In an age where job-hopping is as common as ever, professionals cannot afford to neglect their personal brands when making a switch. A decade ago a job change required newsletters, phone calls, emails and other traditional methods of informing professional contacts, but LinkedIn offers a modernized approach to compliment some of those old school (yet still effective) tactics. Your personal brand, if properly built and maintained, should be one of your most valuable professional assets, so it is crucial to plan and execute a swift rebrand that distinctly aligns you with your new organization.
Coordinating The Rebrand With Your New Employer
The orientation process with a new company can be overwhelming. While being bombarded with meetings and literature from HR, IT and other key departments, pay close attention to any procedures or practices that will impact the way in which you adjust your online image. The social media policy is particularly important, as it may include specific instructions on how employees are expected to brand themselves and interact with others online. If your company has little to no social media policy documented, find the appropriate person (could be the HR manager, marketing director or even an outside PR consultant like me) to briefly discuss the best ways to incorporate that company’s image and messaging into your digital profiles.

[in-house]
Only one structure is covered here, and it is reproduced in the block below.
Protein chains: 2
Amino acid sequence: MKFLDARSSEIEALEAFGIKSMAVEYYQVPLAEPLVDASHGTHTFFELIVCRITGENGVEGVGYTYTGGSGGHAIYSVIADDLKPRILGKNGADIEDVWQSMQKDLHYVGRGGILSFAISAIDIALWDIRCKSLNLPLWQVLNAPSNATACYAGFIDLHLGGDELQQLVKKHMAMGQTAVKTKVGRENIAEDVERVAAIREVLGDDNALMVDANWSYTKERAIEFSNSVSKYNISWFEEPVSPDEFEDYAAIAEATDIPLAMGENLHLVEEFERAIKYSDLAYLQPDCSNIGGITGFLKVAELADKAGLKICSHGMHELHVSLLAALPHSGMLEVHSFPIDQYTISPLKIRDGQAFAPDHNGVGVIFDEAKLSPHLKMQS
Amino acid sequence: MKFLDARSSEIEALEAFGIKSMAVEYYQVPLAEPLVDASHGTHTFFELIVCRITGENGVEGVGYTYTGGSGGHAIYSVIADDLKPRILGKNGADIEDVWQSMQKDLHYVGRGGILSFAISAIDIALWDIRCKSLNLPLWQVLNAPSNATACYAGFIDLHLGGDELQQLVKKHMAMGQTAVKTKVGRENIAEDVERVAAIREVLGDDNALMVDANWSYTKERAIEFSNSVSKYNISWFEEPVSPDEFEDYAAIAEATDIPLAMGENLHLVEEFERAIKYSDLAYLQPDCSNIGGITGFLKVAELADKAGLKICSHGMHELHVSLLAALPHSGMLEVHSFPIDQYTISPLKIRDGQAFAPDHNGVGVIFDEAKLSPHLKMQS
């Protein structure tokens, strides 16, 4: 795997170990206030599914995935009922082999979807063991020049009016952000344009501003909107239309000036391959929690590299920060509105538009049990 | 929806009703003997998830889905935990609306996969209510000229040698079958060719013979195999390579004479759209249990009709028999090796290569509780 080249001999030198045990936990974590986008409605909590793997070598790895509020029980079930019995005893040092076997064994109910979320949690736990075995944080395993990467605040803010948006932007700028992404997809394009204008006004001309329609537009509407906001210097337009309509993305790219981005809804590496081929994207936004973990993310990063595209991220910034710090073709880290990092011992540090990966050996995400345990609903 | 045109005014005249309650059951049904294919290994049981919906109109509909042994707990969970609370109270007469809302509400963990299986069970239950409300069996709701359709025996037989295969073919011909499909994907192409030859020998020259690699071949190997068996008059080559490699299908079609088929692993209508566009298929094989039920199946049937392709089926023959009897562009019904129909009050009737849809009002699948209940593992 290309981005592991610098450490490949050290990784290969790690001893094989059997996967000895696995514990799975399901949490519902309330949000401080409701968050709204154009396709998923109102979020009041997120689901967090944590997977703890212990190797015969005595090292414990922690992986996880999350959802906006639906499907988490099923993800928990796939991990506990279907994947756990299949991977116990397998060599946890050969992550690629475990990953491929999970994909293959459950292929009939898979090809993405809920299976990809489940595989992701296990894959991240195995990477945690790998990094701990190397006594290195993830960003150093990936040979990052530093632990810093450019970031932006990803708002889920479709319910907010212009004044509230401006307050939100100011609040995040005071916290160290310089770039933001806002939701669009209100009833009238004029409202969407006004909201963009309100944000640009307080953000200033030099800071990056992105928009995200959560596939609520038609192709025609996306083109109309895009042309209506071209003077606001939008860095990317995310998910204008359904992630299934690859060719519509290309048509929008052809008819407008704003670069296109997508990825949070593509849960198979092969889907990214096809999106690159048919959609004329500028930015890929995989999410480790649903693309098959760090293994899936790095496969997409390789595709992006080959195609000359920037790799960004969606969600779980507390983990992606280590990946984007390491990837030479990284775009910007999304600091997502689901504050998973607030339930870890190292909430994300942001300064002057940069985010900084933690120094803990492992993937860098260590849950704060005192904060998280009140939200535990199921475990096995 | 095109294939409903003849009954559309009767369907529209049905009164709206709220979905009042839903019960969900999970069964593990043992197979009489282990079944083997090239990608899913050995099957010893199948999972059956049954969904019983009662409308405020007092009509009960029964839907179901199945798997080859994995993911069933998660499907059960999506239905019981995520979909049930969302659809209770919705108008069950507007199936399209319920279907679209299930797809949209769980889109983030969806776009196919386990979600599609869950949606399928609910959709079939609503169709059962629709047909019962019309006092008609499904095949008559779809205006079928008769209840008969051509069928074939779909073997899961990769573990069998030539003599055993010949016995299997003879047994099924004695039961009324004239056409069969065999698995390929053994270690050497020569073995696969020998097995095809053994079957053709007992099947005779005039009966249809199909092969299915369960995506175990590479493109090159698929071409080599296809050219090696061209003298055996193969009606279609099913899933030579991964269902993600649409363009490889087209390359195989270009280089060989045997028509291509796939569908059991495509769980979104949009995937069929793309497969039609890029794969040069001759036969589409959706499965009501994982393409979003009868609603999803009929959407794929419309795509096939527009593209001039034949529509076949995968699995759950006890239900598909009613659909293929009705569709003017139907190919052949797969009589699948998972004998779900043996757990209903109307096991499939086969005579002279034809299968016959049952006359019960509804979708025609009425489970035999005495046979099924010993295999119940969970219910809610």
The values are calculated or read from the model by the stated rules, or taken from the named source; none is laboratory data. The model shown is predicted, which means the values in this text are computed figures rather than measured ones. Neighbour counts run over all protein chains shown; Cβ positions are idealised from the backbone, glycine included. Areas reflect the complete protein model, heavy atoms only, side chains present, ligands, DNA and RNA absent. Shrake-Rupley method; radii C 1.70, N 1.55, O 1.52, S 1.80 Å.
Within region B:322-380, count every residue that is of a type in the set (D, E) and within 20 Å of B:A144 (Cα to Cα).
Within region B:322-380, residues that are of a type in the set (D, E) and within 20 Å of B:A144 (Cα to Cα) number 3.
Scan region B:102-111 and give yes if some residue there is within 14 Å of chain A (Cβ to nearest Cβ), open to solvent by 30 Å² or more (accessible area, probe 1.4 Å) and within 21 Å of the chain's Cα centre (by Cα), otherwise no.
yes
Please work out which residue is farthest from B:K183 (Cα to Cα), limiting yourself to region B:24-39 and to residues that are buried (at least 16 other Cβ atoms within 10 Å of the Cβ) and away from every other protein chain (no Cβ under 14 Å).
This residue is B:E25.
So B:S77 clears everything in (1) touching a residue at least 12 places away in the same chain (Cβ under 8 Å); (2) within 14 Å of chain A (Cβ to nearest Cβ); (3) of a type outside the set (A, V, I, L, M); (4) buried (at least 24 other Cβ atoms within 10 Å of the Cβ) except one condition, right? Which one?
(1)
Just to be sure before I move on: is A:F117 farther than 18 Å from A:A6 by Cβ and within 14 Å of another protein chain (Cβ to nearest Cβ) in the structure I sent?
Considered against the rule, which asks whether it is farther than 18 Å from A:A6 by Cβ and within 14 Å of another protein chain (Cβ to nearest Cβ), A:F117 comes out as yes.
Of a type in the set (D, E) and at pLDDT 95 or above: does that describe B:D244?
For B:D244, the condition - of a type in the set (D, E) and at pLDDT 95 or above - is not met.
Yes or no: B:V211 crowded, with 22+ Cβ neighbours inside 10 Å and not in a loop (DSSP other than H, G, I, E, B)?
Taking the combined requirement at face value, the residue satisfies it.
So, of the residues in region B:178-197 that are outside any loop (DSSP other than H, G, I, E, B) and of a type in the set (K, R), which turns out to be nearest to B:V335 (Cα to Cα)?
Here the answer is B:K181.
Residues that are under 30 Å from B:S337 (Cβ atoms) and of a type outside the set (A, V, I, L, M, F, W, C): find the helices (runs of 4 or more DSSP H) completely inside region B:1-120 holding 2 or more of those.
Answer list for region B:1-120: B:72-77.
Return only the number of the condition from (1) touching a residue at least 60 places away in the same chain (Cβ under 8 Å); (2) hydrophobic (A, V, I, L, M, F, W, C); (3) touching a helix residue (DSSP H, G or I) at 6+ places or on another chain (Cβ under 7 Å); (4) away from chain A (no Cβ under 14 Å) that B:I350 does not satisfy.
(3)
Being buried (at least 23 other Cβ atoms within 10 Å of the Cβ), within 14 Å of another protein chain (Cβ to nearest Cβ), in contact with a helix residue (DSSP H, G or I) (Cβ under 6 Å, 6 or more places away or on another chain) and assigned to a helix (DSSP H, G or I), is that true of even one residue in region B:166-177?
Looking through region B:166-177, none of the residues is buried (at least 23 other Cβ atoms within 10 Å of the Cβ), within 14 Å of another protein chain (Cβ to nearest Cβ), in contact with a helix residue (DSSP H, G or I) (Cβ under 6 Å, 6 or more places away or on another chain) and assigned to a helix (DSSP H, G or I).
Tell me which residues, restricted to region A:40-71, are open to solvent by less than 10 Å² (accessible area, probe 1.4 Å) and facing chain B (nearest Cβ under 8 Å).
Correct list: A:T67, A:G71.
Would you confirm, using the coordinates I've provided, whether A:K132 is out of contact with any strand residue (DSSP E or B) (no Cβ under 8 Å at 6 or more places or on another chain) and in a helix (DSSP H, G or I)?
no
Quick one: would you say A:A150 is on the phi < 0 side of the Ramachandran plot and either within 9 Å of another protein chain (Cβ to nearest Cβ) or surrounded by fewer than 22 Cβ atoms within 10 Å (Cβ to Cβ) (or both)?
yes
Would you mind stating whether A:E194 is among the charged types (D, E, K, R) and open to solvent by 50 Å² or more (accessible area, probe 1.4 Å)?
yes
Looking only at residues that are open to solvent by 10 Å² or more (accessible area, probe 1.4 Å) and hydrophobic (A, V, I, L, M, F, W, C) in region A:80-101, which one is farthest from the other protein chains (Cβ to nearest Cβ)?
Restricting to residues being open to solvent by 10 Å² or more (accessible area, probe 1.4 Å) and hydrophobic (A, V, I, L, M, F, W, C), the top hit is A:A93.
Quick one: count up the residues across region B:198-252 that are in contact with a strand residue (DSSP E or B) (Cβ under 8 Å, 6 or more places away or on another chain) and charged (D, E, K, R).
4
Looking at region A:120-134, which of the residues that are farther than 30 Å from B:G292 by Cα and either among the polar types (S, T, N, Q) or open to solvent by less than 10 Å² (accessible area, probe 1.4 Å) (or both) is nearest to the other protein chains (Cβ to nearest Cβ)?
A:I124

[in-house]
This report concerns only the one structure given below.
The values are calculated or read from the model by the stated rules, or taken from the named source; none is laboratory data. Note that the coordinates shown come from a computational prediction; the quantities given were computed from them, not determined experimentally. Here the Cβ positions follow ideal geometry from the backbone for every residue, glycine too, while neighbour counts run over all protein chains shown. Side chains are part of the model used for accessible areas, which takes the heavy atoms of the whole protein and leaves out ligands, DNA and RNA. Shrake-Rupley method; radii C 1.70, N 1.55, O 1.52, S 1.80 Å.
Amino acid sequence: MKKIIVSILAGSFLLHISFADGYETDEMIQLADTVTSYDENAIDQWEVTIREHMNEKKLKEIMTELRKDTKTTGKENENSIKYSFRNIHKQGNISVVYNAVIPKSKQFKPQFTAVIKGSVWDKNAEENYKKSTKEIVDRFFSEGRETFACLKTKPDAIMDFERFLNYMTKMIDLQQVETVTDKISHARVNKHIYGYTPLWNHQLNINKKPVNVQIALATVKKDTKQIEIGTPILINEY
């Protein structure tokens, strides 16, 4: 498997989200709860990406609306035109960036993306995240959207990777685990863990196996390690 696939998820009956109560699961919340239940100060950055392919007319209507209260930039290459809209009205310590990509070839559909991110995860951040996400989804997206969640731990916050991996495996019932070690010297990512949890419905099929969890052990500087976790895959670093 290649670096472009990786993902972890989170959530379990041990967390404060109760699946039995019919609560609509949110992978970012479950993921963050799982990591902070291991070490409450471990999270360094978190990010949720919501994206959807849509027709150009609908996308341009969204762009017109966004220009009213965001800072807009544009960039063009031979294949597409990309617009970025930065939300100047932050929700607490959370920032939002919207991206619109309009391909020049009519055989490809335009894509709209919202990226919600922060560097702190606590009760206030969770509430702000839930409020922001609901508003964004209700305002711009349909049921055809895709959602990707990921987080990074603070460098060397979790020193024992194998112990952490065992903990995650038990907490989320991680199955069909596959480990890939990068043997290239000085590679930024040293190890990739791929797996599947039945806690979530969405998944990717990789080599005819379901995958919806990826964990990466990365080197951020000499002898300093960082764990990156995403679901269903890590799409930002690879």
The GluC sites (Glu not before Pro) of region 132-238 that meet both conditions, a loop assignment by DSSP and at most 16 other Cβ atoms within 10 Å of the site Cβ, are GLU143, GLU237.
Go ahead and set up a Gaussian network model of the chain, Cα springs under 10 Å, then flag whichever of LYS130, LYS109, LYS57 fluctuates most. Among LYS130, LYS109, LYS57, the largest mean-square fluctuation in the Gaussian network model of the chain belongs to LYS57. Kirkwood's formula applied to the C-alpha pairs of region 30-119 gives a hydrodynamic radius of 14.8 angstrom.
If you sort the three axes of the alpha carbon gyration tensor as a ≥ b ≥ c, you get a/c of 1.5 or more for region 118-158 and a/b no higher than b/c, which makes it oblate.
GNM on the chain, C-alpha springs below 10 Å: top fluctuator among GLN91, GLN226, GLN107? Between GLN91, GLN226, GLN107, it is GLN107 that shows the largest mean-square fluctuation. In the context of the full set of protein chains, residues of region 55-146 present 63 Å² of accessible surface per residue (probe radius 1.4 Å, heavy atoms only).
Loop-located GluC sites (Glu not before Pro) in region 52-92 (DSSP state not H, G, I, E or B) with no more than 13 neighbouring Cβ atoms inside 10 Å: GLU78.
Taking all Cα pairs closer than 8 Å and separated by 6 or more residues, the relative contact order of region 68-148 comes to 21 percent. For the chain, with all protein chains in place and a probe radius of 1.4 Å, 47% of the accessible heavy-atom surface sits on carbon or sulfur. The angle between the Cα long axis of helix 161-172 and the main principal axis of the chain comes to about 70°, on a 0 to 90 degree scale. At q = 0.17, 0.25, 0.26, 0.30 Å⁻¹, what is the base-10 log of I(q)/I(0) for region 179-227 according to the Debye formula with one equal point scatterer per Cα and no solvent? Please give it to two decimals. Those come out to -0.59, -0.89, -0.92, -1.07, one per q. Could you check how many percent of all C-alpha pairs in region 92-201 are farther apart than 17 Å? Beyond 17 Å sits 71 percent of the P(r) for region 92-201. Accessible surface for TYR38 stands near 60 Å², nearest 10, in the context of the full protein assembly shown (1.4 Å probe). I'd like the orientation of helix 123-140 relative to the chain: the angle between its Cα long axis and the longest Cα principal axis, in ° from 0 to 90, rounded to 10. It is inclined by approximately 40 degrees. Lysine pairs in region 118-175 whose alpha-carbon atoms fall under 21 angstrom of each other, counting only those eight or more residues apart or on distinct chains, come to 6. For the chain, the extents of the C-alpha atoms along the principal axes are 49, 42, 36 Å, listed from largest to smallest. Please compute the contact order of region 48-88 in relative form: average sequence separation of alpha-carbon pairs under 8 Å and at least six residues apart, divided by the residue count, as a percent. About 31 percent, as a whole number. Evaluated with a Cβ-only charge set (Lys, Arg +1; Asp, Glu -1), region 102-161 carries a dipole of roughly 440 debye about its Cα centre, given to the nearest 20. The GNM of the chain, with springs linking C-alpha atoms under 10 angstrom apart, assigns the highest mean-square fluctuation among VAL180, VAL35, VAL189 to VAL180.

The next step is to research what the company has done for similar new hires in the past. Find out if they have issued press releases, email announcements or other means of notifying the public of new employees. The last thing you want to do is undercut the firm’s announcement by prematurely making changes to your social media accounts.
High level executives should also talk to the person in charge of media relations to find out if or when they will be expected to speak with reporters, as that will require additional preparation. Once you know how and when the company plans to make the announcement, you can plan your branding updates to run parallel with those efforts.
Updating Your Digital Profiles
A new job calls for new headshots. If your employer chooses not to produce these for you, spend the money to have them done yourself. The new profile picture for your social media accounts will symbolize the next step in your career, and it will attract additional attention to your new position.